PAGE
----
[Her] work expertly blends dynamics with geometry. Among other things, she studies billiards. But now, in a move very characteristic of modern mathematics, it gets kind of meta: She considers not just one billiard table, but the universe of all possible billiard tables. And the kind of dynamics she studies doesn't directly concern the motion of the billiards on the table, but instead a transformation of the billiard table itself, which is changing its shape in a rule-governed way; if you like, the table itself moves like a strange planet around the universe of all possible tables ... This isn't the kind of thing you do to win at pool, but it's the kind of thing you do to win a Fields Medal. And it's what you need to do in order to expose the dynamics at the heart of geometry; for there's no question that they're there.

In 2014, President Hassan Rouhani of Iran congratulated her for winning the topmost world mathematics prize.

Mirzakhani has an Erdős number of 3.

Personal life

In 2005, Mirzakhani married Jan Vondrák, a Czech theoretical computer scientist and applied mathematician who currently is an associate professor at Stanford University. They have a daughter named Anahita. Mirzakhani lived in Palo Alto, California.

Mirzakhani described herself as a "slow" mathematician, saying that "you have to spend some energy and effort to see the beauty of math." To solve problems, Mirzakhani would draw doodles on sheets of paper and write mathematical formulas around the drawings. Her daughter described her mother's work as "painting".

She declared:

I don't have any particular recipe [for developing new proofs] ... It is like being lost in a jungle and trying to use all the knowledge that you can gather to come up with some new tricks, and with some luck, you might find a way out.

Death and legacy

Mirzakhani was diagnosed with breast cancer in 2013. In 2016, the cancer spread to her bones and liver, and she died on 14 July 2017 at the age of 40 at Stanford Hospital in Stanford, California.

Iranian president Hassan Rouhani and other officials published condolences messages and praised Mirzakhani's scientific achievements. Rouhani said in his message that "unprecedented brilliance of this creative scientist and modest human being, who made Iran's name resonate in the world's scientific forums, was a turning point in showing the great will of Iranian women and young people on the path towards reaching the peaks of glory and in various international arenas." Sharif University of Technology, the place where Mirzakhani studied, announced that its faculty of mathematics will be renamed to "Mirzakhani".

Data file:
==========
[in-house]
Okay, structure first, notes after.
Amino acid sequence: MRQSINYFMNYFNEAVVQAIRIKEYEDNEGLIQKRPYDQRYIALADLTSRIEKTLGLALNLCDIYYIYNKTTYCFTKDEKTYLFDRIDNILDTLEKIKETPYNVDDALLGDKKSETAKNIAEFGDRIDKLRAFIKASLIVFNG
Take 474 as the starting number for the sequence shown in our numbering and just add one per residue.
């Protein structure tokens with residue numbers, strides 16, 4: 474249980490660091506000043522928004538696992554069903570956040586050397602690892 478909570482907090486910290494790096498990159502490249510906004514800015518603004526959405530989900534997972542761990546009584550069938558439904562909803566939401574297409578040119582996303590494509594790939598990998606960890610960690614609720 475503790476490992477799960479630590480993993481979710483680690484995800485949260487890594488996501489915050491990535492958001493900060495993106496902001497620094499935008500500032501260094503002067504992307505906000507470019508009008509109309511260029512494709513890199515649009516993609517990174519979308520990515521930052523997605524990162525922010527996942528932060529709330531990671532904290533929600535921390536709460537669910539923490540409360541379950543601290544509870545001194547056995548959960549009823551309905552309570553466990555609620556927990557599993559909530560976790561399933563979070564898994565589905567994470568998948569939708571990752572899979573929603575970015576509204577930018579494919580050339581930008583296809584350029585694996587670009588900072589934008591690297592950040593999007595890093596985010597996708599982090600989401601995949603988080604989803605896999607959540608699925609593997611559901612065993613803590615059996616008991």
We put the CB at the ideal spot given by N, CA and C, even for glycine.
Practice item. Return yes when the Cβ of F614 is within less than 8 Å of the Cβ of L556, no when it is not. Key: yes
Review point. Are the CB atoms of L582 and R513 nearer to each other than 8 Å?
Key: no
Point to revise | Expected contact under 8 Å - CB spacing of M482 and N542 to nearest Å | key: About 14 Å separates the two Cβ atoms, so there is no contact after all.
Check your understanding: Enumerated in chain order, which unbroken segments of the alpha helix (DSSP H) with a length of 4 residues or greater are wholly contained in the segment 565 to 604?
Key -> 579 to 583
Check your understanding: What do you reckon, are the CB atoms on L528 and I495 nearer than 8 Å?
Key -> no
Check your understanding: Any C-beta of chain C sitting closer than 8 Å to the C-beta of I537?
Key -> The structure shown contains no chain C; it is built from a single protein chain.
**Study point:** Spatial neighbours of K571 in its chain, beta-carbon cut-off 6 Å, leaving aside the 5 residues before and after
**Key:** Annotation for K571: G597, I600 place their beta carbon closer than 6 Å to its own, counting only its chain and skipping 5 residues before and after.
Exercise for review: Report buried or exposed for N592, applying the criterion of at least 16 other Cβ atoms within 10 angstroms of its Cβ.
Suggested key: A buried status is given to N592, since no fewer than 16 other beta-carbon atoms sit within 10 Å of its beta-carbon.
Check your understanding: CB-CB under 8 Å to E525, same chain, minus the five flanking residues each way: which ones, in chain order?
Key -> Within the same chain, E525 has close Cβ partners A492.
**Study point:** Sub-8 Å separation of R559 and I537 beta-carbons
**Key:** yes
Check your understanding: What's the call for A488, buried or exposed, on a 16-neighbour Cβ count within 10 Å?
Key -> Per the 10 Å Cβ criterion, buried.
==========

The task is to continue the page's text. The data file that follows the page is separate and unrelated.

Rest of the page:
Upon her death, several Iranian newspapers, along with Iranian President Hassan Rouhani, broke taboo and published photographs of Mirzakhani with her hair uncovered, a gesture that was widely noted in the press and on social media. Mirzakhani's death has also renewed debates within Iran regarding matrilineal citizenship for children of mixed-nationality parentage; Fars News Agency reported that, on the heels of Mirzakhani's death, 60 Iranian MPs urged the speeding up of an amendment to a law that would allow children of Iranian mothers married to foreigners to be given Iranian nationality, in order to make it easier for Mirzakhani's daughter to visit Iran. Mirzakhani had previously applied for citizenship for her daughter.

Numerous obituaries and tributes were published in the days following Maryam Mirzakhani's death.

Awards and honors

  • Gold medal. International Mathematical Olympiad (Hong Kong 1994)
  • Gold medal. International Mathematical Olympiad (Canada 1995)
  • IPM Fellowship, Tehran, Iran, 1995–1999
  • Merit fellowship Harvard University, 2003
  • Harvard Junior Fellowship Harvard University, 2003
  • Clay Mathematics Institute Research Fellow 2004
  • AMS Blumenthal Award 2009
  • Invited to talk at the International Congress of Mathematicians in 2010, on the topic of "Topology and Dynamical Systems & ODE"
  • The 2013 AMS Ruth Lyttle Satter Prize in Mathematics. "Presented every two years by the American Mathematical Society, the Satter Prize recognizes an outstanding contribution to mathematics research by a woman in the preceding six years. The prize was awarded on 10 January 2013, at the Joint Mathematics Meetings in San Diego."
  • Simons Investigator Award 2013
  • Named one of Nature magazine's ten "people who mattered" of 2014
  • Clay Research Award 2014
  • Plenary speaker at the International Congress of Mathematicians (ICM 2014)
  • Fields Medal 2014
  • Elected foreign associate to the French Academy of Sciences in 2015
  • Elected to the American Philosophical Society in 2015
  • National Academy of Sciences 2016
  • Elected to the American Academy of Arts and Sciences in 2017
  • References

    Maryam Mirzakhani Wikipedia